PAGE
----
Summer is just around the corner and you might feel like the pressure is on to look your best in your favorite swimsuit. You may even hear talk of fast diets that help you shed pounds in days, but let’s be honest, there is no quick diet that guarantees you lose and keep the weight off for summers to come. Lasting results come from balanced diet and exercise.
At some point, we all complain about a little fat, but fat plays a significant role in many basic functions in our body. It protects our organs, stores energy, aids cell growth, and supports immune function. What is unhealthy is the excess of fat, which can lead to obesity, diabetes, and cardiovascular disorders. To help prevent fat absorption in the most natural we know, we recommend incorporating some of these foods into your daily diet to increase your body’s energy expenditure.
Capsaicin is an active ingredient found in hot peppers – it’s what makes peppers hot and gives them the burning sensation. According to a 2010 study by the American Chemical Society, capsaicin aids weight loss and prevents fat buildup by triggering certain proteins found in fat (1). The change in proteins helps to break down fat. We recommend adding a dash of chili or cayenne pepper to your next meal to increase energy expenditure and fat oxidation.
Brown seaweeds such as Wakame contains a brown pigment called fucoxanthin, known for having many physiological functions, such as antiobesity, anti-inflammatory, and antidiabetes. A study performed on rats showed an increase in the production of UCP1, a protein that increases fat burn. Although there has only been one human study, it appears that fucoxanthin is a promising fat loss agent. Even with the success of the subjects, scientists believe further studies are required to form a conclusion.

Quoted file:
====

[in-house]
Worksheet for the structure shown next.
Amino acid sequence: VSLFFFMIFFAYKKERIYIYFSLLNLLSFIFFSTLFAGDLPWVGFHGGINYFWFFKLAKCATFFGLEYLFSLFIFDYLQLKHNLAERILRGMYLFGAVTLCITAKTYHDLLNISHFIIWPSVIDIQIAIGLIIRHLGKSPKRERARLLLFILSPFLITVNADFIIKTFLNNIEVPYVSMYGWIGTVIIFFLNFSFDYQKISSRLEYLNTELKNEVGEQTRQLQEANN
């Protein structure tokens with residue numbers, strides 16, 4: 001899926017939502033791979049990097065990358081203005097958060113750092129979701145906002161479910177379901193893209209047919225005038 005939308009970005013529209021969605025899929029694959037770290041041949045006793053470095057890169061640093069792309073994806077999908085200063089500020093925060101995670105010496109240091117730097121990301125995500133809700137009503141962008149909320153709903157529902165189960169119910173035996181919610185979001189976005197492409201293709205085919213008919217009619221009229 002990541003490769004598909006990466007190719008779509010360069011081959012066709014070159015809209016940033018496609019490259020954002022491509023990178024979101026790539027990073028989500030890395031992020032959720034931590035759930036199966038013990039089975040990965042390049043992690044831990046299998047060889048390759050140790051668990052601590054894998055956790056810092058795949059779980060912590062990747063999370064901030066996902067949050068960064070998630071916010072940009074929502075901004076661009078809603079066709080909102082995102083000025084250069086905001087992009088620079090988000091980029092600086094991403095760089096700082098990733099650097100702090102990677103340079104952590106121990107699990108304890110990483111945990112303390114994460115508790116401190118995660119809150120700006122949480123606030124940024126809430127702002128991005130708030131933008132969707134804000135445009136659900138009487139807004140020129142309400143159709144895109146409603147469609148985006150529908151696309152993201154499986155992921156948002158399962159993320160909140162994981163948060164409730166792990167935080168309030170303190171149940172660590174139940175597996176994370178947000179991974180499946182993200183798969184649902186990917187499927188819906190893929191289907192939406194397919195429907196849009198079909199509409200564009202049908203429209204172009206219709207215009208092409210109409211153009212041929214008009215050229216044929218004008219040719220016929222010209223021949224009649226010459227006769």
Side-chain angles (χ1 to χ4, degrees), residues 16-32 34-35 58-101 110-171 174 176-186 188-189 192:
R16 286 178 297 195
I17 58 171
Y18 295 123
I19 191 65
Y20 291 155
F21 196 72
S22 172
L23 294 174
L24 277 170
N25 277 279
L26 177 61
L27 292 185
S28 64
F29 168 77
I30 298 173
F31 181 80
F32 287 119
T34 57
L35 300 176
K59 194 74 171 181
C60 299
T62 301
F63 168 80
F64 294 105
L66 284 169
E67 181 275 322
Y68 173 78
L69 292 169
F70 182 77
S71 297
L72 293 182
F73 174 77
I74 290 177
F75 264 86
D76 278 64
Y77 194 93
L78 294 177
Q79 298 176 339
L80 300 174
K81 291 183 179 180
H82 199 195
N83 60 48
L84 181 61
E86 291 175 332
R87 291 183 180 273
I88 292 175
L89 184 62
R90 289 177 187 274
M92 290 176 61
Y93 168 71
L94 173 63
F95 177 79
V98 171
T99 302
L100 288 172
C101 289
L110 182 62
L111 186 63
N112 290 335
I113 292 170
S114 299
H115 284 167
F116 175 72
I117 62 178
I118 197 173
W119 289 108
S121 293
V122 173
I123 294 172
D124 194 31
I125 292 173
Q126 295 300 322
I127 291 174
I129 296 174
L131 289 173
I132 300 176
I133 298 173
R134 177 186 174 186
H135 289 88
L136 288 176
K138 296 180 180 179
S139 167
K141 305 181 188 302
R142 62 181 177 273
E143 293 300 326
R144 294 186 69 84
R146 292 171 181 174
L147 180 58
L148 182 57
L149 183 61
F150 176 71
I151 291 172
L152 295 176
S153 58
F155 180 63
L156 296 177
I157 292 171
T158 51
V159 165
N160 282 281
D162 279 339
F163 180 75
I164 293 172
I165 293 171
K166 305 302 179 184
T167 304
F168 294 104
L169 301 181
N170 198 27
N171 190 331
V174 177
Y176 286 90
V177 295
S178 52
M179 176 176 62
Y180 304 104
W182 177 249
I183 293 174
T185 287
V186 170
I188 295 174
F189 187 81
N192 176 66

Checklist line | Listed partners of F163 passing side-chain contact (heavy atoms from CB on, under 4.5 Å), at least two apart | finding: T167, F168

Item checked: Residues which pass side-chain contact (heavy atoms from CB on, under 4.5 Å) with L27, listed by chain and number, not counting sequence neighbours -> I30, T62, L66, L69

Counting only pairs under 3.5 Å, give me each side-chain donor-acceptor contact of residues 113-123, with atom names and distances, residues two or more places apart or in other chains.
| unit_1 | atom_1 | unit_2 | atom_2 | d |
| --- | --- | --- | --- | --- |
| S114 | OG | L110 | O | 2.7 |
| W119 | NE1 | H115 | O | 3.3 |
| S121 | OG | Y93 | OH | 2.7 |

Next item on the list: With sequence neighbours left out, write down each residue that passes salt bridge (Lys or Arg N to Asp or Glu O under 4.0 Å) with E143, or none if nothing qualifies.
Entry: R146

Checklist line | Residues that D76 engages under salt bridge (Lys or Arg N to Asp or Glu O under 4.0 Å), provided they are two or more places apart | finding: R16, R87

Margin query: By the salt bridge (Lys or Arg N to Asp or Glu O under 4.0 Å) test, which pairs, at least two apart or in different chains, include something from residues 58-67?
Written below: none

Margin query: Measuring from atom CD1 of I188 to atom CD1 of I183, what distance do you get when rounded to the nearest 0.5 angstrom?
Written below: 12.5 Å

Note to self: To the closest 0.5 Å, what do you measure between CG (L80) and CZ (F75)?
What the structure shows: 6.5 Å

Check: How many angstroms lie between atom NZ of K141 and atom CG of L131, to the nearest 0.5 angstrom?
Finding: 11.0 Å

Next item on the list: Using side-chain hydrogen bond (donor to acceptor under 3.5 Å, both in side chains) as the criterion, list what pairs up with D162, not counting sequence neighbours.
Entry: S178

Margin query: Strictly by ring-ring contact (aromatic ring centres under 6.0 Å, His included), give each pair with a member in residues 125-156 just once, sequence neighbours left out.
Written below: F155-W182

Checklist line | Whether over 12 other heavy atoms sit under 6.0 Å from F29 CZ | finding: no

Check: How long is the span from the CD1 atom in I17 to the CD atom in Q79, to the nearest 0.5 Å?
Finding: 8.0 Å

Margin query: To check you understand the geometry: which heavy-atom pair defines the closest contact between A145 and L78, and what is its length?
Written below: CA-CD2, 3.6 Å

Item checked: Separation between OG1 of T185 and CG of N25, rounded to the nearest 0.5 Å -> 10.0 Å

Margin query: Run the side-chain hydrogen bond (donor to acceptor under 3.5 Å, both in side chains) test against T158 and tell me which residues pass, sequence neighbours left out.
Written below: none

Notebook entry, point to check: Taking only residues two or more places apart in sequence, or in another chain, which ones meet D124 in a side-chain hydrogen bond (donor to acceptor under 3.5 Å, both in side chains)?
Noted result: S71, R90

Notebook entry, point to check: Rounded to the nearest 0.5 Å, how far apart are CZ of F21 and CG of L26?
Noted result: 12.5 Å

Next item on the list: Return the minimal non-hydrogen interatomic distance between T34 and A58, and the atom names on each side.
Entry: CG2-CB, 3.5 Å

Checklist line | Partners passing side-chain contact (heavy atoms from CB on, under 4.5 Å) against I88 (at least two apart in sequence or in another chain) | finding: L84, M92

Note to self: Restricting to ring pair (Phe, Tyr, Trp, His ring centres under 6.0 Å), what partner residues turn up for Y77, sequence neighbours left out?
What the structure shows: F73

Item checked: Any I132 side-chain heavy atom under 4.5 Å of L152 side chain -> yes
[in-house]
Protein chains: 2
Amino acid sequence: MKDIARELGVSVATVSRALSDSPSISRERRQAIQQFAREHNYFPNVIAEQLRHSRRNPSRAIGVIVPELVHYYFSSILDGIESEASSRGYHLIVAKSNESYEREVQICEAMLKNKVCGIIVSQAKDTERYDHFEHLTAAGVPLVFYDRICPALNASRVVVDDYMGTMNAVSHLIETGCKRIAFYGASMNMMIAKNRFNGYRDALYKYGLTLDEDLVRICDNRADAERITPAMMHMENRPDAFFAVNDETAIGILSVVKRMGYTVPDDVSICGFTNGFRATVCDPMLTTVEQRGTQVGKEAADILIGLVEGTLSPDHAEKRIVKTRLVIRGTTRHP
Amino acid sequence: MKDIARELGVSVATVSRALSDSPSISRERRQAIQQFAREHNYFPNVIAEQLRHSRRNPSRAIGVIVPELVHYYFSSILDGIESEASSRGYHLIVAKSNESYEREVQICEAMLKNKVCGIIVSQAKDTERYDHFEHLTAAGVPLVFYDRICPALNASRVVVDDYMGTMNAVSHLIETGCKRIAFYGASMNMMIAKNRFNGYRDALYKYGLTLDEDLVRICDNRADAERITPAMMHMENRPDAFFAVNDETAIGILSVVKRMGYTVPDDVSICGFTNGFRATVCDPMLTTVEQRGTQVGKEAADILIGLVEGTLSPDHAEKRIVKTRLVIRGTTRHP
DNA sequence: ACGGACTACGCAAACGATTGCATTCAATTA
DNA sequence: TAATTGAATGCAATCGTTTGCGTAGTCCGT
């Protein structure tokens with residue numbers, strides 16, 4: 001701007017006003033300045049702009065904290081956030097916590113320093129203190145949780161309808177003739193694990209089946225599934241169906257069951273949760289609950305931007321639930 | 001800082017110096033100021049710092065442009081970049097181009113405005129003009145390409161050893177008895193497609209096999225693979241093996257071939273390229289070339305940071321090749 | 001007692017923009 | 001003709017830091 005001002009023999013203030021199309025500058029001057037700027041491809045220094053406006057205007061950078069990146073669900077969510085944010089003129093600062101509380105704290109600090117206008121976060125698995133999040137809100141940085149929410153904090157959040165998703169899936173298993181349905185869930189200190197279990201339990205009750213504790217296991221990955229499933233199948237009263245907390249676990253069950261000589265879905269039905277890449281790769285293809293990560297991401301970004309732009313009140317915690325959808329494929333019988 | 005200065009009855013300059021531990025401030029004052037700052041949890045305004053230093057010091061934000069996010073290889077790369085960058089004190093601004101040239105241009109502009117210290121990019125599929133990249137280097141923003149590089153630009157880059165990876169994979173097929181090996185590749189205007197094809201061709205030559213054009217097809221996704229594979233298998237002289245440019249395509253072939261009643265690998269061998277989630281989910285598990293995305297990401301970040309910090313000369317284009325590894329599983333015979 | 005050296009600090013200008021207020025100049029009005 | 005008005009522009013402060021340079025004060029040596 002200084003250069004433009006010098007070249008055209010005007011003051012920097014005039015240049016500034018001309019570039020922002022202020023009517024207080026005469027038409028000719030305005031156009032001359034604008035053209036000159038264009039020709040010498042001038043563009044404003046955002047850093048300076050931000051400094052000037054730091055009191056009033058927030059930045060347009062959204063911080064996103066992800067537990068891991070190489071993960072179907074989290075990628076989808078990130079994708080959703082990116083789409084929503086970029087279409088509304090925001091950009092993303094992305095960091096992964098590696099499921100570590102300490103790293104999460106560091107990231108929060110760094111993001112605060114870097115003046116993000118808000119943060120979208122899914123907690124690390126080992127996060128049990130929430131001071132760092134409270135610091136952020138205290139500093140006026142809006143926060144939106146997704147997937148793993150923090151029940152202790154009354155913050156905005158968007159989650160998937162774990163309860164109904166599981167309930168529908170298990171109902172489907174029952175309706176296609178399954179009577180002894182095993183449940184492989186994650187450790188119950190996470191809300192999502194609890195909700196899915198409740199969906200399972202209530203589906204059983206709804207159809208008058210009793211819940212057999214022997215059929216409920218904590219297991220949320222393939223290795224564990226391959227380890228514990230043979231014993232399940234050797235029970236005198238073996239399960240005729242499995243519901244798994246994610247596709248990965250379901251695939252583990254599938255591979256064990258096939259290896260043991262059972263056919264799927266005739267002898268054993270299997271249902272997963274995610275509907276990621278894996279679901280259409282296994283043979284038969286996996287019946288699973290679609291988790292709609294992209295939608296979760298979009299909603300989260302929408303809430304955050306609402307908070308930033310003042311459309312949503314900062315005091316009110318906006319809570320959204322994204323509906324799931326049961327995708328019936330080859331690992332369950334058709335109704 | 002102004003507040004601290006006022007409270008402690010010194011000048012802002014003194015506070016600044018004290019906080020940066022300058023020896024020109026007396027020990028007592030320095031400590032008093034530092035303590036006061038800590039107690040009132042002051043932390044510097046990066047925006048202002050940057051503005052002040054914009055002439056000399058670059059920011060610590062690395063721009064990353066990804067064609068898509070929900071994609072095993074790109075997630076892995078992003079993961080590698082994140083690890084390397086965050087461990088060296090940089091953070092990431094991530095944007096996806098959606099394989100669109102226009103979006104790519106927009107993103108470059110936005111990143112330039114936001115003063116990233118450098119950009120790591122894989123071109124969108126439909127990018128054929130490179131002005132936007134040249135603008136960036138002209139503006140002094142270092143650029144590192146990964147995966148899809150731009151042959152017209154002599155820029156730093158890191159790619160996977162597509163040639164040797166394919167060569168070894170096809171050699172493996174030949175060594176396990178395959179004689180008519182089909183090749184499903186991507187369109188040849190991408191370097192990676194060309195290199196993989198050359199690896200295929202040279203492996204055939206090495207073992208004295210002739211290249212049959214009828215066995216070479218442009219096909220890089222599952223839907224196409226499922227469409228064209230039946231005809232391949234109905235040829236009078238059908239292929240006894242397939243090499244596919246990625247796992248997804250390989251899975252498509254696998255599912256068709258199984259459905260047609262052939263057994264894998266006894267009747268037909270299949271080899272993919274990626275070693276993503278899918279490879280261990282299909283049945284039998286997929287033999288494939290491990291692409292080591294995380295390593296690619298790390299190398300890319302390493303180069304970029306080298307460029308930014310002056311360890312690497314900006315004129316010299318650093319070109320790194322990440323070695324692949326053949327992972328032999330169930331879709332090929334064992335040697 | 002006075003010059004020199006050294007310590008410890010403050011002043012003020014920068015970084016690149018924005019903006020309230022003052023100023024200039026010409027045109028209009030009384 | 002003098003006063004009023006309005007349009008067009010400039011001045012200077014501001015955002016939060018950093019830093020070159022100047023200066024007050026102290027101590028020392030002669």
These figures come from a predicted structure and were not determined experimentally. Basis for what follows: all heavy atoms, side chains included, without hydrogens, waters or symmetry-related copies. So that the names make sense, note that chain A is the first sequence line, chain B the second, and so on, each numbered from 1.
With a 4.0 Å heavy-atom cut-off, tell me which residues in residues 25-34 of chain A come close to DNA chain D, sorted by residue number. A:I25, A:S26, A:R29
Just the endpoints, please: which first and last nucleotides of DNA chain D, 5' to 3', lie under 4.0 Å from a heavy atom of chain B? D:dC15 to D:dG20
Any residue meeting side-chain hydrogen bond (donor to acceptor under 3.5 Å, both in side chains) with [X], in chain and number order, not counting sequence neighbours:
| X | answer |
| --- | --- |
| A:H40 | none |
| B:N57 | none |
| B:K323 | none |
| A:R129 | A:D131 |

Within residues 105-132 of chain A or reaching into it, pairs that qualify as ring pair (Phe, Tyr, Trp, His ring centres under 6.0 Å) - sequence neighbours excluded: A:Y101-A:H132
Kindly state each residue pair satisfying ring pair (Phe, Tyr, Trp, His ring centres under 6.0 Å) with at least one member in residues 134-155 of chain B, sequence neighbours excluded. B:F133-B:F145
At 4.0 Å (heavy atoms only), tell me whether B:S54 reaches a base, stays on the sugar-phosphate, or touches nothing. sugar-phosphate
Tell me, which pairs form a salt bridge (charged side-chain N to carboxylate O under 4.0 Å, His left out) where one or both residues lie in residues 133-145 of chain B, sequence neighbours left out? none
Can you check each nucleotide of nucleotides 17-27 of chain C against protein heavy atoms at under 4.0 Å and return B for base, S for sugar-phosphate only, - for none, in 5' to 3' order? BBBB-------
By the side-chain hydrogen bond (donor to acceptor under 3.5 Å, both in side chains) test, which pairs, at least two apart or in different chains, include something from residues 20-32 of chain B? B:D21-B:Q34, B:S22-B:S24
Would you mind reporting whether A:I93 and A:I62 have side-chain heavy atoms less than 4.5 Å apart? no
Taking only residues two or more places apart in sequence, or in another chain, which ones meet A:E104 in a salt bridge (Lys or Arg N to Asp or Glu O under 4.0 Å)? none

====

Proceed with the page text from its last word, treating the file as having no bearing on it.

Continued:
Catechin polyphenol such as Epigallocatechin gallate (EGCG) is a key compound found in green tea. It is responsible for the majority of the therapeutic benefits of green tea. EGCG helps the liver break down and process fat. EGCG can also lower the risk of disorders that contribute to cardiovascular issues, diabetes, and obesity. Most notably, EGCG has been proven to be an antioxidant and anti-cancer compound. When incorporated into a well-balanced diet, green tea can be beneficial for your overall health.
Cinnamon contains an aromatic aldehyde called Cinnamaldehyde, which is what gives the spice its odor and flavor. Studies have shown that this chemical compound may help fat cells undergo thermogenesis and burn off lipids in swollen fat cells. A systematic review published in the Annals of Family Medicine concluded that the consumption of cinnamon significantly decreases total cholesterol, triglyceride levels, LDL-C, and levels of fasting blood sugar, and increases in HDL-C levels (2). While cinnamon may provide benefits when added to food and beverages, it should be not be consumed in spoonfuls as it could result in dire consequences (think Cinnamon Challenge).
Studies have shown that eating half a grapefruit before every meal may help you lose weight, due to polyphenolic extracts found in grapefruit which have shown to have a lipolytic effect, causing the body to break down stored fat. Pectin, another component of the fruit, has shown to lower plasma cholesterol levels and atherosclerosis. In addition to being a fat burning food, grapefruits are also low in calories. Half a grapefruit is roughly 50 calories and is a good substitute for high-calorie options.
1. American Chemical Society. “New evidence that chili pepper ingredient fights fat.” ScienceDaily. ScienceDaily, 3 June 2010.
2. Allen, R. W., et al. “Cinnamon Use in Type 2 Diabetes: An Updated Systematic Review and Meta-Analysis.” The Annals of Family Medicine, vol. 11, no. 5, 2013, pp. 452–459., doi:10.1370/afm.1517.